When eating rice, do not place chopsticks on top of the bowl or on the plate of food. When you don’t eat anymore, don’t put it around, but put it on a rack, a plate of chili sauce, or in a dish with food scraps.
Muslims do not eat pork. When you invite a Muslim friend to dinner, you must ensure that no pork or alcohol is used in the dishes and that other meats are purchased in the slaughterhouse in accordance with religious precepts. And Muslims are also averse to alcohol, so when visiting their house, visitors desist from carrying this drink. If Muslims do not eat pork, Hindus do not eat beef.
What to know before visiting Singapore: Do not get nude or watch pornographic films, even indoors
Singapore has issued a nudity law since the late 20th century. In particular, it states that “any person who appears nude in a public place; or in a private place and is exposed to public view shall be guilty of an offense and shall be liable on conviction to a fine not exceeding $2,000 or to imprisonment for a term not exceeding 3 months or to both”.
For pornographic films, it is best to keep away or at least avoid being caught. Singaporean Law in prohibition is primarily that one refrain from providing or distributing pornographic material. Meanwhile, to avoid involving legal issues, you should pay attention to this.
What to know when traveling to Singapore: Do not connect to unauthorized Wi-Fi networks
Access to unauthorized Wi-Fi networks can be considered a crime under the Computer Misuse Act of Singapore and can be strictly punished.
Things to know before traveling to Singapore: No tipping
Like Japan, Singapore does not a tipping culture so this practice is unnecessary here. In some cases, you will already pay what is the equivalent of a tip as a charged fee added to the bill.
Singapore travel tips blog: No vandalism
An act likely stealing and vandalism in public places such as writing, carving your name on buildings, or even graffiti painting are violations in many countries around the world, but Singapore is even much more rigorous. In 1994, Mr. Michael Fay, an American teenager resident has sentenced to four strokes for stealing and vandalizing a car.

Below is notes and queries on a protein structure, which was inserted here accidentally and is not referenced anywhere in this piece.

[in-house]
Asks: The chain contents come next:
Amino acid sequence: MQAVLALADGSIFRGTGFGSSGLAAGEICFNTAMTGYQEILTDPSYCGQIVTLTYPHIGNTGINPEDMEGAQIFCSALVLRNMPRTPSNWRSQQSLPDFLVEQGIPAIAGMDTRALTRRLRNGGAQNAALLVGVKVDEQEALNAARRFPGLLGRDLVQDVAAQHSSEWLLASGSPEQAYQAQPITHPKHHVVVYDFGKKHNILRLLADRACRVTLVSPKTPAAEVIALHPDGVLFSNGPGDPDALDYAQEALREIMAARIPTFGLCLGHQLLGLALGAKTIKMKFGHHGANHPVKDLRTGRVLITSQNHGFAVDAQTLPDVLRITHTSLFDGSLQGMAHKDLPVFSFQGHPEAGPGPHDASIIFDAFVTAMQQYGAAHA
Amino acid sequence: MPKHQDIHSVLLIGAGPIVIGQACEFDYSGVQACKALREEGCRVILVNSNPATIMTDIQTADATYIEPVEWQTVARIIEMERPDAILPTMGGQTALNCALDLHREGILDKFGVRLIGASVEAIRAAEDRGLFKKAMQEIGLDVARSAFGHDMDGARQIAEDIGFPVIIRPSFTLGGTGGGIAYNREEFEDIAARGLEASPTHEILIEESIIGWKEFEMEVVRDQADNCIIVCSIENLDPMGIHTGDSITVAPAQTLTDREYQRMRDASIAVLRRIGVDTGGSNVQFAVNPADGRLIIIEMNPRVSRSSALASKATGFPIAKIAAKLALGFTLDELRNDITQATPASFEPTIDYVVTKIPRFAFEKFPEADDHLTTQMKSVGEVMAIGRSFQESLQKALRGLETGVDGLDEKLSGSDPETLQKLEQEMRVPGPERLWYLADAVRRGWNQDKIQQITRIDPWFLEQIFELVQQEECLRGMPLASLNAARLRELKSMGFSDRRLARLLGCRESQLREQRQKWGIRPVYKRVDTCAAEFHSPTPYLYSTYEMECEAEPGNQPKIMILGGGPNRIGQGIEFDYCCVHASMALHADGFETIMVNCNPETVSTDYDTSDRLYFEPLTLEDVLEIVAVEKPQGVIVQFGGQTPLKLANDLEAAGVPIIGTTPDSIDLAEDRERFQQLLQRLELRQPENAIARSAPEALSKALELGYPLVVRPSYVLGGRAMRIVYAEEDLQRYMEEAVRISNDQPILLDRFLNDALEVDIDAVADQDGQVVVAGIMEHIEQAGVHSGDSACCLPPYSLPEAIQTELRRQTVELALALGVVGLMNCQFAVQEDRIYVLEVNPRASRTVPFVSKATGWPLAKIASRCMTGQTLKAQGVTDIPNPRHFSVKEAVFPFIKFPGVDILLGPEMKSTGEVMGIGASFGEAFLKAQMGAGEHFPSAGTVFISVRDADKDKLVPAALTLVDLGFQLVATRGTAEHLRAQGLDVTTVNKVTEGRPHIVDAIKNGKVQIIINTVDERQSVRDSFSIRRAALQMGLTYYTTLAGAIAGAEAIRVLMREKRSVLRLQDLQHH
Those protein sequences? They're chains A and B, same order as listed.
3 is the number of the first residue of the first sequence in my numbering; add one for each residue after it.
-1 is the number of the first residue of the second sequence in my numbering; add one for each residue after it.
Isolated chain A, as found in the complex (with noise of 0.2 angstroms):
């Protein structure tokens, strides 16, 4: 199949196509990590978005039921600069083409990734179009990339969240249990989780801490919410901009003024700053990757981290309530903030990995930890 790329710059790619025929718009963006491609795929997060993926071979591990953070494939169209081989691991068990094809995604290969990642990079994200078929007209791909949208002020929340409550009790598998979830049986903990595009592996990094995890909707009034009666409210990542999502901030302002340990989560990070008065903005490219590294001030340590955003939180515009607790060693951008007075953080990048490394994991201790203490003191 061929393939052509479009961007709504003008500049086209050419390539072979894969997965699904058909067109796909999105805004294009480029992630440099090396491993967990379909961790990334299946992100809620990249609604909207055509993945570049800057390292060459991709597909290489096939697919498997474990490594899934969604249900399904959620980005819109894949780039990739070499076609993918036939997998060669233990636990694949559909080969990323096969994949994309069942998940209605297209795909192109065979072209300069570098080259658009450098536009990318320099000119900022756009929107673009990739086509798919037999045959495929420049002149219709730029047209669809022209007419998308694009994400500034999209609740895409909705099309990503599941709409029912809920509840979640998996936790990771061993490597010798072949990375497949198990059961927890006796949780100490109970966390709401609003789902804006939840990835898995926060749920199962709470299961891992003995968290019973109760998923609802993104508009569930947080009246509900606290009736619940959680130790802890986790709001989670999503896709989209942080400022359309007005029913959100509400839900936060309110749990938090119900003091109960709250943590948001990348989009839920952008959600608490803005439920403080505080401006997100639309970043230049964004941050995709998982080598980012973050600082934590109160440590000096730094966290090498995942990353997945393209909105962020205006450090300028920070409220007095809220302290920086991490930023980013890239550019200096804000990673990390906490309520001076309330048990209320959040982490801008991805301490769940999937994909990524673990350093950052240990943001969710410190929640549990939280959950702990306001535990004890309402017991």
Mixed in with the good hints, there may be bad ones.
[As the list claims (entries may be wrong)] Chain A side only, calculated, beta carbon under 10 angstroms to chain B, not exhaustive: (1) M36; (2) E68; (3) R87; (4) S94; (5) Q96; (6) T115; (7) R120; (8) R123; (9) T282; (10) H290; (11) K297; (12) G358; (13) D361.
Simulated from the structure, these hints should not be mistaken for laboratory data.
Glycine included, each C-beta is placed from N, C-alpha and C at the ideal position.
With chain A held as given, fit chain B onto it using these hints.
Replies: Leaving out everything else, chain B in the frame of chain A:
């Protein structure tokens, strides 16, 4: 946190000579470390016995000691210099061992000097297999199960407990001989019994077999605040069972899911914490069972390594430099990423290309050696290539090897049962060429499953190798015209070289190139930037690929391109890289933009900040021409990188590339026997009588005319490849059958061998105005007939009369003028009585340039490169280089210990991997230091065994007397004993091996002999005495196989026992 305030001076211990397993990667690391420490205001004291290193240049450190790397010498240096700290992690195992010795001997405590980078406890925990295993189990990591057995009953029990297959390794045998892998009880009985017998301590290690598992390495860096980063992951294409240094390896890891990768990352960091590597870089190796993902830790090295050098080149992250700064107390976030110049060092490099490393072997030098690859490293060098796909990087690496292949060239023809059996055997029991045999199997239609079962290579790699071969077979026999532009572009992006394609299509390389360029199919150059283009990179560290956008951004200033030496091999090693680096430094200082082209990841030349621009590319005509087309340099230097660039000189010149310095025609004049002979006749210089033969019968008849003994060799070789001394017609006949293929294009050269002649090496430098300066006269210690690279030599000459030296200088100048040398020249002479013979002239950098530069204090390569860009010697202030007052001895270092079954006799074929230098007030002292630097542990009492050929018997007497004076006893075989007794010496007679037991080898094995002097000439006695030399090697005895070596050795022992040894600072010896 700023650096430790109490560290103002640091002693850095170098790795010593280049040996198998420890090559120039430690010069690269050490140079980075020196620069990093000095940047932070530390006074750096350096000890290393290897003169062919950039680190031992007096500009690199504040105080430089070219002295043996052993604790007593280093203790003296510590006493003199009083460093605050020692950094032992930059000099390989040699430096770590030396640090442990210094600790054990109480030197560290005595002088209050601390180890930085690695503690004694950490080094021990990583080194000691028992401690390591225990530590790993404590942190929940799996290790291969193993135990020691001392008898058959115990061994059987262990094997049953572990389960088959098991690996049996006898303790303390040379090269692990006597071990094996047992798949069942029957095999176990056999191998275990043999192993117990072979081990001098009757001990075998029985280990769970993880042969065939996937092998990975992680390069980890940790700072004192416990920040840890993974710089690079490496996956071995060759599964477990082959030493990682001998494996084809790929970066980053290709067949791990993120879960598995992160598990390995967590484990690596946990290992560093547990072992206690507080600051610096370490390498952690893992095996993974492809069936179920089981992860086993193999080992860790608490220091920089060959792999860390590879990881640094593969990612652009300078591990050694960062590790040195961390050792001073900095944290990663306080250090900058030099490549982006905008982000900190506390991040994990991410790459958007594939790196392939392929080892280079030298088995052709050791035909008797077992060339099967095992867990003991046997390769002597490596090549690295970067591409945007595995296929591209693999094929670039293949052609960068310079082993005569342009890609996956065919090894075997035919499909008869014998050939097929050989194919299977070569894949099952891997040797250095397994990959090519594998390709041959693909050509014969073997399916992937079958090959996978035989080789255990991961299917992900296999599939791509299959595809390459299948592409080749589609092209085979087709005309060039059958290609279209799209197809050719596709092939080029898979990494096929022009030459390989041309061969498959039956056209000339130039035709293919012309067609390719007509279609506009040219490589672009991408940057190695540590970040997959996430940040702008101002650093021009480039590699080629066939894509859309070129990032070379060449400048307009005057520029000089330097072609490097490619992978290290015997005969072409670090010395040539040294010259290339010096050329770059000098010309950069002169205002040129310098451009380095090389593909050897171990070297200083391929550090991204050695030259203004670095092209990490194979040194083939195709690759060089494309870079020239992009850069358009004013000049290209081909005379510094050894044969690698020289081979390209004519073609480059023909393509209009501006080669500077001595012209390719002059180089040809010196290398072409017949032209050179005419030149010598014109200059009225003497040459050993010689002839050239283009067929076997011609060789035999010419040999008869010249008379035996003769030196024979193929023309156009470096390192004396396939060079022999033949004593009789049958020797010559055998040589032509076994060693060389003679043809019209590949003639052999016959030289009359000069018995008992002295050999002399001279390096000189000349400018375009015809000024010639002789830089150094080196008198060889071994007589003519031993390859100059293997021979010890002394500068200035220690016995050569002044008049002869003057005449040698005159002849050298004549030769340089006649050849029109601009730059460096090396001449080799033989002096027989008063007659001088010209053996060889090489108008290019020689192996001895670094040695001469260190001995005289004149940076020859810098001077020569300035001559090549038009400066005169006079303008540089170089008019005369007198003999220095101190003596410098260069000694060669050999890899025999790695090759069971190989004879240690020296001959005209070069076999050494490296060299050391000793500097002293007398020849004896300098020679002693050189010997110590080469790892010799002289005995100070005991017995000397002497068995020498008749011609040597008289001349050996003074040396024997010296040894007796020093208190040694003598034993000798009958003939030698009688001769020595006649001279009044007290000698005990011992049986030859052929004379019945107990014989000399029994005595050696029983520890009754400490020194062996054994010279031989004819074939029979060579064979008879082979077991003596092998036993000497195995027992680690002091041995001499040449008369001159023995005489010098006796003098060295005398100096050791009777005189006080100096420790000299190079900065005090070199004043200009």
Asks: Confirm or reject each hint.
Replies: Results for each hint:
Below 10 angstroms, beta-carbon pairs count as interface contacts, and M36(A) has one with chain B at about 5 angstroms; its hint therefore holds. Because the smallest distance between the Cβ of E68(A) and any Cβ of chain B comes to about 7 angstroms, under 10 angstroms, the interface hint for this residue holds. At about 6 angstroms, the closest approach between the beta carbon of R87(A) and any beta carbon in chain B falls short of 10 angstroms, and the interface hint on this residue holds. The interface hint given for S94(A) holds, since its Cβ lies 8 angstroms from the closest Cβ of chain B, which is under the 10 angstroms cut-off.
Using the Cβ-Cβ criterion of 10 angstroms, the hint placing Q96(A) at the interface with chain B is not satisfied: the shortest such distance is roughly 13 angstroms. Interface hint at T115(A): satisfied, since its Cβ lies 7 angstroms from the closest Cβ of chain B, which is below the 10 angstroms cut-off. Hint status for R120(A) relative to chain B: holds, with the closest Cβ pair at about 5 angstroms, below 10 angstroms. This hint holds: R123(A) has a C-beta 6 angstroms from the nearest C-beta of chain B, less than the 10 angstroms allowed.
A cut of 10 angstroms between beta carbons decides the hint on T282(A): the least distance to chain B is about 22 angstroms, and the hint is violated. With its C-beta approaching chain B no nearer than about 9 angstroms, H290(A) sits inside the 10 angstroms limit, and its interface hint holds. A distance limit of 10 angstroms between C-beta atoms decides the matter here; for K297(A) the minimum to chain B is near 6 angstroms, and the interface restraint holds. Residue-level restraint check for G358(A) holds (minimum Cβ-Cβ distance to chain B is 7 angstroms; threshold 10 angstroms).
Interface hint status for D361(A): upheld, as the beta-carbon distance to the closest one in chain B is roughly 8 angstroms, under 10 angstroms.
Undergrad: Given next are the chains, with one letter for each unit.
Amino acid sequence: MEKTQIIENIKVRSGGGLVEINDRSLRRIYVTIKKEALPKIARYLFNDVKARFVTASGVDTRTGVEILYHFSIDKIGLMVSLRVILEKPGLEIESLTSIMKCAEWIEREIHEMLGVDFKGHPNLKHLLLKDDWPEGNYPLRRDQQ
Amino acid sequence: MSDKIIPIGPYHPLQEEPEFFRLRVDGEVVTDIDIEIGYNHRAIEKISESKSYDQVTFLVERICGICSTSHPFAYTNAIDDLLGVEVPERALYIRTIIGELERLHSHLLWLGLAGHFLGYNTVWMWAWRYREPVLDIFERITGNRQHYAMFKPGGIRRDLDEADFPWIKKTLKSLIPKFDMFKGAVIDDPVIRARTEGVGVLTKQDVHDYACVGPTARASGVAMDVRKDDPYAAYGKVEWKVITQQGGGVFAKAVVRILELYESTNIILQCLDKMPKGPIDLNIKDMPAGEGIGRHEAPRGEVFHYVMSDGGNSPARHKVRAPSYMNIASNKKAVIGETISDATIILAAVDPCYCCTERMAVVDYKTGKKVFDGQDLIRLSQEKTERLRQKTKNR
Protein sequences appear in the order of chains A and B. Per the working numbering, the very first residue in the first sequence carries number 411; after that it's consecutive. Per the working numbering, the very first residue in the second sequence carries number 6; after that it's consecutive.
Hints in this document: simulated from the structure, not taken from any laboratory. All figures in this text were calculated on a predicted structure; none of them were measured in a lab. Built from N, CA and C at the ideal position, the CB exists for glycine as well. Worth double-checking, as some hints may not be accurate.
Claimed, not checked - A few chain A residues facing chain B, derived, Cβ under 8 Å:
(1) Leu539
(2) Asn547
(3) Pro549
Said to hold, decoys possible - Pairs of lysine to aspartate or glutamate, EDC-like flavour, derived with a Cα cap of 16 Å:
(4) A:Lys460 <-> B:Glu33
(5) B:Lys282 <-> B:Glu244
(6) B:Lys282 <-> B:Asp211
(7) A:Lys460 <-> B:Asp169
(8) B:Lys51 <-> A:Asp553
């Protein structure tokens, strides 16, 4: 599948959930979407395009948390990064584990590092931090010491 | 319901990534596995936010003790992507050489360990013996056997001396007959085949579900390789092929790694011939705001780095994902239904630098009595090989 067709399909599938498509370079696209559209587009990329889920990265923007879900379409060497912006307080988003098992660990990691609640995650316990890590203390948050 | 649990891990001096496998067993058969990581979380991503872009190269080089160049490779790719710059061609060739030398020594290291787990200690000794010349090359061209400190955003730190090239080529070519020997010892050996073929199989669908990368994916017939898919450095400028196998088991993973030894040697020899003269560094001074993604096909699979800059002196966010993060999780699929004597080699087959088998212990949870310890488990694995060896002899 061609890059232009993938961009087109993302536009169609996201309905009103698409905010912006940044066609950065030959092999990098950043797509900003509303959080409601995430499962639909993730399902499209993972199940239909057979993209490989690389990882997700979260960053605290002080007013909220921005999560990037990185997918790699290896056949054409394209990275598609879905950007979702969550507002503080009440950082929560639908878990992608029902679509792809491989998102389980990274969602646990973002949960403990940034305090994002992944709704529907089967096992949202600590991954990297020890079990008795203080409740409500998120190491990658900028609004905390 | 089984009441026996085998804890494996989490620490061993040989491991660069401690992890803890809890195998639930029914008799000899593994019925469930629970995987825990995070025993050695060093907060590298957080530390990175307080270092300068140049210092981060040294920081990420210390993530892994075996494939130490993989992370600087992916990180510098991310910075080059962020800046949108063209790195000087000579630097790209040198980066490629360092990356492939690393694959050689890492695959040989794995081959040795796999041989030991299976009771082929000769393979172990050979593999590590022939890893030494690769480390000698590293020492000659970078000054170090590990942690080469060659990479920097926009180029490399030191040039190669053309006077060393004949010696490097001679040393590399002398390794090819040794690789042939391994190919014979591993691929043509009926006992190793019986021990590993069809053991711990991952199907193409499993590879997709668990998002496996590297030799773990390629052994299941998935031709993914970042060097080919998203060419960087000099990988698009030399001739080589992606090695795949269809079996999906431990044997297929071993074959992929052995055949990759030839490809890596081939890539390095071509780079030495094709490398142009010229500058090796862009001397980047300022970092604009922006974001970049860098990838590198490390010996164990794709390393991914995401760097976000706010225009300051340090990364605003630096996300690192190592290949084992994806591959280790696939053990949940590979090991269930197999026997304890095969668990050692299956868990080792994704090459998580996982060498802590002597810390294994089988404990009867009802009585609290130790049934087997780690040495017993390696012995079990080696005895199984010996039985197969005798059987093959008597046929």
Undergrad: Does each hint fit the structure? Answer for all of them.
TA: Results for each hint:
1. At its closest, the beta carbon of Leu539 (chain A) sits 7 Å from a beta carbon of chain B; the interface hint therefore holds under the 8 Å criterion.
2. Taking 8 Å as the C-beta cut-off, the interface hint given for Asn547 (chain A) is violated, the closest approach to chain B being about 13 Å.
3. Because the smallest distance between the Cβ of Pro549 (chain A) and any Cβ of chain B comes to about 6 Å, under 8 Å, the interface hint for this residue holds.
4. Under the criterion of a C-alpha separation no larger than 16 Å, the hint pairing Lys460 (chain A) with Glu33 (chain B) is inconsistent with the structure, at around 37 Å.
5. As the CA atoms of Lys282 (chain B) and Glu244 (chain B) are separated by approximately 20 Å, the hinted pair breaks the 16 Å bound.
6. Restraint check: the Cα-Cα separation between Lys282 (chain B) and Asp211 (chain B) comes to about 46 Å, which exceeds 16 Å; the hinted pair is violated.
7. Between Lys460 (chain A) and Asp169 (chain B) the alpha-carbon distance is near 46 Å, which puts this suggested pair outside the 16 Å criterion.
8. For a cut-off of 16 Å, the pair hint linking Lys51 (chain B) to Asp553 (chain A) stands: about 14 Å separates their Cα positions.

More recently, in 2010, a Swiss citizen received up to three strokes and was sentenced to imprisonment for five months after being caught painting spray on a ship. That’s right, you read it right, a leading developed country in the world still uses stroke as a punishment to establish discipline.
Tips for visiting Singapore: Some other taboos
On the first days of the year in Singapore, the residents omit cleaning houses and do not wash their hair to against unluckiness; they do not break furniture, especially mirrors; they do not wear white clothes, and do not use needles, or scissors which cause bad things.
Singaporeans think that the numbers “4”, “7”, “13”, “37”, and “69” are negative and unlucky numbers, they hate the number “7”, which normally they do their best to avoid encountering. Singaporeans believe that black is an unlucky color, and purple is also a color they don’t like. They only like pink and red, because this color symbolizes solemnity, intense enthusiasm, joyfulness, courage, and express tolerance and generosity. They like blue and green as well.
Punishments to know before traveling to Singapore
- Make noise: Causing noise to affect the surroundings in any form can be fined up to 1,000 SGD.
- Drink alcohol or harassment in public areas: being drunk and behaving in ways that likely harassment in public areas will result in a fine of 1,000 SGD or raised to jail time for up to 6 months, or both